Although there are some 400 species in the genus Ixora, only a handful are commonly cultivated, and the common name, Ixora, is usually used for I. coccinea. I. coccinea is a dense, multi-branched evergreen shrub, commonly 4–6 ft (1.2–2 m) in height, but capable of reaching up to 12 ft (3.6 m) high. It has a rounded form, with a spread that may exceed its height. The glossy, leathery, oblong leaves are about 4 in (10 cm) long, with entire margins, and are carried in opposite pairs or whorled on the stems. Small tubular, scarlet flowers in dense rounded clusters 2-5 in (5–13 cm) across are produced almost all year long. There are numerous named cultivars differing in flower colour (yellow, pink, orange) and plant size. Several popular cultivars are dwarfs, usually staying under 3 ft (1 m) in height. Ixora ‘Nora Grant’ is a popular dwarf and ‘Super King’ is a popular hybrid with much larger flower clusters than the species.
Blooming Time: Ixoras are compact plants that bloom primarily in summer and intermittently the rest of the year with proper care.

Cultivation: Ixoras do best in at least 4 hours of direct sunlight a day. Pot in a mixture of 2 parts peat moss to 1 part potting soil and 1 part sand or perlite. Keep moist; fertilize every 2 weeks in spring and summer, monthly the rest of the year.

Propagation: Propagated by cutting in spring, preferably with 3 to 4 nodes, with bottom heat. Can also be propagated by seed when produced.

Medicinal Uses:
Parts utilized :Leaves, roots, stems and flowers

Constituents and properties:

Root contains an aromatic acrid oil, tannin, fatty acids.
Leaves yield flavonols kaemferol and quercetin, proanthocyanidins and phenolic acids and ferulic acids.
Flowers contain cyanidin and flaconboids, and a coloring material related to quercitin.
Considered internally sedative, stomachic, tonic, antiseptic, cholagogue and externally astringent and antiseptic

Decoction of roots used for nausea, hiccups, and anorexia.
Flowers used for dysentery and leucorrhea.
Poulticed fresh leaves and stems for sprains, eczema, boils and contusions.
Diluted tincture of roots for mouthwash and gargles for sore throat.
Flower decoction for hypertension, amenorrhea and irregular menstruation.
Decoction of leaves for wounds and skin ulcers.
In Bengal, roots are used for dysentery.
Root, ground into pulp, mixed with water and pepper, or as tincture, used for diarrhea and dysentery.
Powdered roots used for sores and chronic ulcers.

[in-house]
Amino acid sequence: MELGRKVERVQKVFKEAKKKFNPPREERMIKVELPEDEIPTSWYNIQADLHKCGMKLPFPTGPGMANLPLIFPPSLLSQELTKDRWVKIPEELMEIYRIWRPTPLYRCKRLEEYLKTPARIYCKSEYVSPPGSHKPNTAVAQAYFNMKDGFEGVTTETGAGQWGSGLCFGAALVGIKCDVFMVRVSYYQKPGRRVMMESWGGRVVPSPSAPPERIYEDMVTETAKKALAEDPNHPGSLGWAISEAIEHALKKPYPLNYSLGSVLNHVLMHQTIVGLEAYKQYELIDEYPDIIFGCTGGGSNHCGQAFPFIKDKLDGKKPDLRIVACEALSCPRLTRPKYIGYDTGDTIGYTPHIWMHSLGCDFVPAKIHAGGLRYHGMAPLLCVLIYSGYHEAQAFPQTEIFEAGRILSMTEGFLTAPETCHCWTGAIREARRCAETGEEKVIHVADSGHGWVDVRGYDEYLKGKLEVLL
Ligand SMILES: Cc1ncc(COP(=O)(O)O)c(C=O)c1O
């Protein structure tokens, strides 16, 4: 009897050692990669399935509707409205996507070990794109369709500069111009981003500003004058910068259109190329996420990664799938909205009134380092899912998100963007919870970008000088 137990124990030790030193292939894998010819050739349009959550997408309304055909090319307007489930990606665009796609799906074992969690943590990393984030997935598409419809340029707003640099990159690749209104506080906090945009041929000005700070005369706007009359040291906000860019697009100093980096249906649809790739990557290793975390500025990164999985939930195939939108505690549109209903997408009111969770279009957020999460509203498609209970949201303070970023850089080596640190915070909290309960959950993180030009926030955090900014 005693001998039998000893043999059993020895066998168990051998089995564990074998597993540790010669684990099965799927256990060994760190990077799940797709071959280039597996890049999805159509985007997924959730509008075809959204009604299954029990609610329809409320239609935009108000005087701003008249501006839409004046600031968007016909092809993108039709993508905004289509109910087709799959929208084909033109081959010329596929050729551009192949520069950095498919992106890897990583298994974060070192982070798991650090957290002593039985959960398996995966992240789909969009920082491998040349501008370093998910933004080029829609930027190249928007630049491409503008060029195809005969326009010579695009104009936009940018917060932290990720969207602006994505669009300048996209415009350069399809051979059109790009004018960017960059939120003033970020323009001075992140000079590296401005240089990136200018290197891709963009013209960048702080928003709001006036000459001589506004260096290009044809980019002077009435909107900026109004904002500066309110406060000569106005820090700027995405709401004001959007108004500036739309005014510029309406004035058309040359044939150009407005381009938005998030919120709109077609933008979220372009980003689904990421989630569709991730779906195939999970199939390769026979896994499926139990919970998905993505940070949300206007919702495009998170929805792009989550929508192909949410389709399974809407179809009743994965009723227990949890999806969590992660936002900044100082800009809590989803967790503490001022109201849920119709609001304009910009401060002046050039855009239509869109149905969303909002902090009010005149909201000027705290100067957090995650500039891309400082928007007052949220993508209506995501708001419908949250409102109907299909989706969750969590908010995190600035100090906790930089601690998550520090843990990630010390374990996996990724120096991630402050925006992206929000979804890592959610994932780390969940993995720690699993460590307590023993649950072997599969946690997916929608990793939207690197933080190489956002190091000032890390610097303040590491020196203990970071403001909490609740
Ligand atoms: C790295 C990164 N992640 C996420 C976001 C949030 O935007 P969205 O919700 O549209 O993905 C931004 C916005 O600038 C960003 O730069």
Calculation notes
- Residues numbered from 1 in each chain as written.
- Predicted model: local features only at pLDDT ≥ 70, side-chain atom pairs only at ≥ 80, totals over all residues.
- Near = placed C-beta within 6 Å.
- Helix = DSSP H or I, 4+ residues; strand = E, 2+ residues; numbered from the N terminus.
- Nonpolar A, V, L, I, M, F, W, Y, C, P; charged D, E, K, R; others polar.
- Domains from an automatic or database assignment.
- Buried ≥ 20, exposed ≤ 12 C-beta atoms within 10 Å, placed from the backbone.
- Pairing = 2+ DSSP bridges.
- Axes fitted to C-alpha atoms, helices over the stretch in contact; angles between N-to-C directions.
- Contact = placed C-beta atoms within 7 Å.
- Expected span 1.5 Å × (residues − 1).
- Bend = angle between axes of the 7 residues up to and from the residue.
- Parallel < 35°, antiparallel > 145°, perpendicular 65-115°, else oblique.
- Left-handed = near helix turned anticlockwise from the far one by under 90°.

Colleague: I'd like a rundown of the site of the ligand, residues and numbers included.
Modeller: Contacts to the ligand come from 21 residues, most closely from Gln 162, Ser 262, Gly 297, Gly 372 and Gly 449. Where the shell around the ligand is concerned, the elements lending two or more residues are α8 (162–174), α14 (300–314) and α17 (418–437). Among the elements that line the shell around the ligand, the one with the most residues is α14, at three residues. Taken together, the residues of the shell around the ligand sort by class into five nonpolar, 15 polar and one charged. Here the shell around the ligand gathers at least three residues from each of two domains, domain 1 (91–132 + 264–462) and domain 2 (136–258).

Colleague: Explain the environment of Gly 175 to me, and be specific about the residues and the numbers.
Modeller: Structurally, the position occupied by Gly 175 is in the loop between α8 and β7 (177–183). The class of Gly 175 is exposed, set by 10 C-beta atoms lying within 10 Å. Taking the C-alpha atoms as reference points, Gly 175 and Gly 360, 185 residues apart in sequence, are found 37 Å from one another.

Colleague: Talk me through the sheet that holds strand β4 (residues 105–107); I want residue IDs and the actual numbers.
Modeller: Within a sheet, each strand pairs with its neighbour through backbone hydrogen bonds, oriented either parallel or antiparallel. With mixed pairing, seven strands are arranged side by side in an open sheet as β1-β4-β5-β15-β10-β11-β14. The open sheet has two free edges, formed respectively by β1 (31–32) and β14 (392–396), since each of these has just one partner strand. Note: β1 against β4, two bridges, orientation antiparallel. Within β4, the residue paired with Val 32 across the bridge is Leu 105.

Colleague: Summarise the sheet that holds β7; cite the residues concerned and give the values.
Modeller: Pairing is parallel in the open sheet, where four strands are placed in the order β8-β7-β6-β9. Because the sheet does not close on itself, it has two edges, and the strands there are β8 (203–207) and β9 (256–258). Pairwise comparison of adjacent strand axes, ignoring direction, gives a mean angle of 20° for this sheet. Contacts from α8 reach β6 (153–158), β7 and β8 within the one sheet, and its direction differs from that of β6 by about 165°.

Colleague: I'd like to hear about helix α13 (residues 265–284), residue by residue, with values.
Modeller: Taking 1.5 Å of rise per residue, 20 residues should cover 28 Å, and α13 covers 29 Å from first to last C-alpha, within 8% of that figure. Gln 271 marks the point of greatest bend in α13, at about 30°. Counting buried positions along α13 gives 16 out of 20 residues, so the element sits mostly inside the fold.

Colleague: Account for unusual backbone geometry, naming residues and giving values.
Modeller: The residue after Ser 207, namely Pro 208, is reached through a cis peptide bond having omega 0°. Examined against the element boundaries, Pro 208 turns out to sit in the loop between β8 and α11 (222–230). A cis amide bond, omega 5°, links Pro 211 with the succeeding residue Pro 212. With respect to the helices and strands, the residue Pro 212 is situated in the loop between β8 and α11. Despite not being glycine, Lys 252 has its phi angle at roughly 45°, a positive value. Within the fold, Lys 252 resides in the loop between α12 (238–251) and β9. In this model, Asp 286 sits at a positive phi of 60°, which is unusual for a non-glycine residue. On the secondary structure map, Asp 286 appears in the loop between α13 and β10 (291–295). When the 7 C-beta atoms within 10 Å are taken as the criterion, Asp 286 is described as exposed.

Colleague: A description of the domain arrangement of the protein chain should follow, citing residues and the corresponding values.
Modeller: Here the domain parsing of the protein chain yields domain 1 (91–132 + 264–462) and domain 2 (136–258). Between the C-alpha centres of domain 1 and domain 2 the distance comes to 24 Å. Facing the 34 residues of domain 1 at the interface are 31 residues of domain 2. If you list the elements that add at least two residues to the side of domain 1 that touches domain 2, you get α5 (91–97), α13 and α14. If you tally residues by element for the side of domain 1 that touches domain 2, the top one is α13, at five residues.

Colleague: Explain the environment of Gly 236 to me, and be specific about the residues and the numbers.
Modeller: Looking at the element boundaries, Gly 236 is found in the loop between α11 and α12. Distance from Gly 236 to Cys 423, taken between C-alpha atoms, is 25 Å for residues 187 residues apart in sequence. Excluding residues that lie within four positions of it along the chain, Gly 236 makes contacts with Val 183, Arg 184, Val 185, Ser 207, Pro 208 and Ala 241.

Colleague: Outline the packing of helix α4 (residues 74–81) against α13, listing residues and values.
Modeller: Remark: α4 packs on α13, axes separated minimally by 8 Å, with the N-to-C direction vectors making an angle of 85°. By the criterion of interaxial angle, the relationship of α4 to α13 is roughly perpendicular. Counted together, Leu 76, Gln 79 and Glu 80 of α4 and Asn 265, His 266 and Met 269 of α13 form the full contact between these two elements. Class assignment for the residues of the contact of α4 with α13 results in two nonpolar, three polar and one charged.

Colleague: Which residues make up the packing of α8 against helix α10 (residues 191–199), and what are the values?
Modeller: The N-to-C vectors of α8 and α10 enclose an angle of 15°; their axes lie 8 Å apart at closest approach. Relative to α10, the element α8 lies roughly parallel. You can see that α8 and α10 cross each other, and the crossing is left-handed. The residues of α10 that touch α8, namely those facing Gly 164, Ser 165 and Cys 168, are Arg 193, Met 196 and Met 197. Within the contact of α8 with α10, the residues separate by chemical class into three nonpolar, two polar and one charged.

In Indo-China, root decoction used to clarify the urine.
In India and Sri Lanka, the fruits are eaten and the flowers used as flavoring.


• Wound healing: Alcoholic extract of IC showed increase in granuloma tissue weight, tensile strength and glycosaminoglycan content. The prohealing activity was attributed to increased collagen deposition, alignment and maturation.
• Antimicrobial: Extract studies of EC for antimicrobial activity showed the ethyl fraction to be more active than the methanol fraction.
• Antioxidant:
Phytochemical screening showed the flower extract to possess flavonoids, steroids, tannin. IC showed strong reducing power and total antioxidant capacity.
• Pharmacologic evaluation / Electroconvulsive Protective: Evaluation showed that IC has protective property against electroconvulsions, antiinflammatory and hemostatic properties.
Hepatoprotective: Extract of IC flowers showed significant hepatoprotective effect against paracetamol overdose-induced hepatotoxicity in rats.
Chemoprotective: IC flower fraction showed chemoprotective effects on cyclophosphamide-induced toxicity in mice.
• Antinociceptive : Study showed the aqueous leaf extract of IC possesses considerable antinociceptive activity mediated centrally via a dopaminergic mechanism. In addition, the antioxidant activity may play a role in inducing antinociception. The dopaminergic and antioxidative activities may arise from alkaloid and flavonoid constituents, respectively.
Anti-Inflammatory / Anti-mitotic: Lupeol, isolated from the leaves of IC, was shown to have anti-inflammatory activity in carrageenan induced paw edema in rats. Anti-mitotic activity was also noted in a preliminary cytotoxic study.
• Cytotoxic / Antitumor: Study of the active fraction of Ixora coccinea flowers showed greater activity on ascitic tumors than solid tumors. It had no toxicity to normal lymphocytes but was toxic to lymphocytes from leukemic patients.
• Anti-Inflammatory: Study of the aqueous leaf extract of Ixora coccinea showed strong antihistamine and antioxidant activity that can account for its anti-inflammatory potential. In addition, the inhibitionn of prostaglandins and bradykinins may play a role in its antiinflammatory effect.
• Anti-Ulcer: Study of the fresh leaf extract of Ixora coccinea was found to possess potent anti-ulcerogenic property and could be a potential therapeutic agent against ulcer disease.

Other Uses:

Very ornamental plant, increases the beauty of the garden.

The information presented herein is intended for educational purposes only. Individual results may vary, and before using any supplements, it is always advisable to consult with your own health care provider.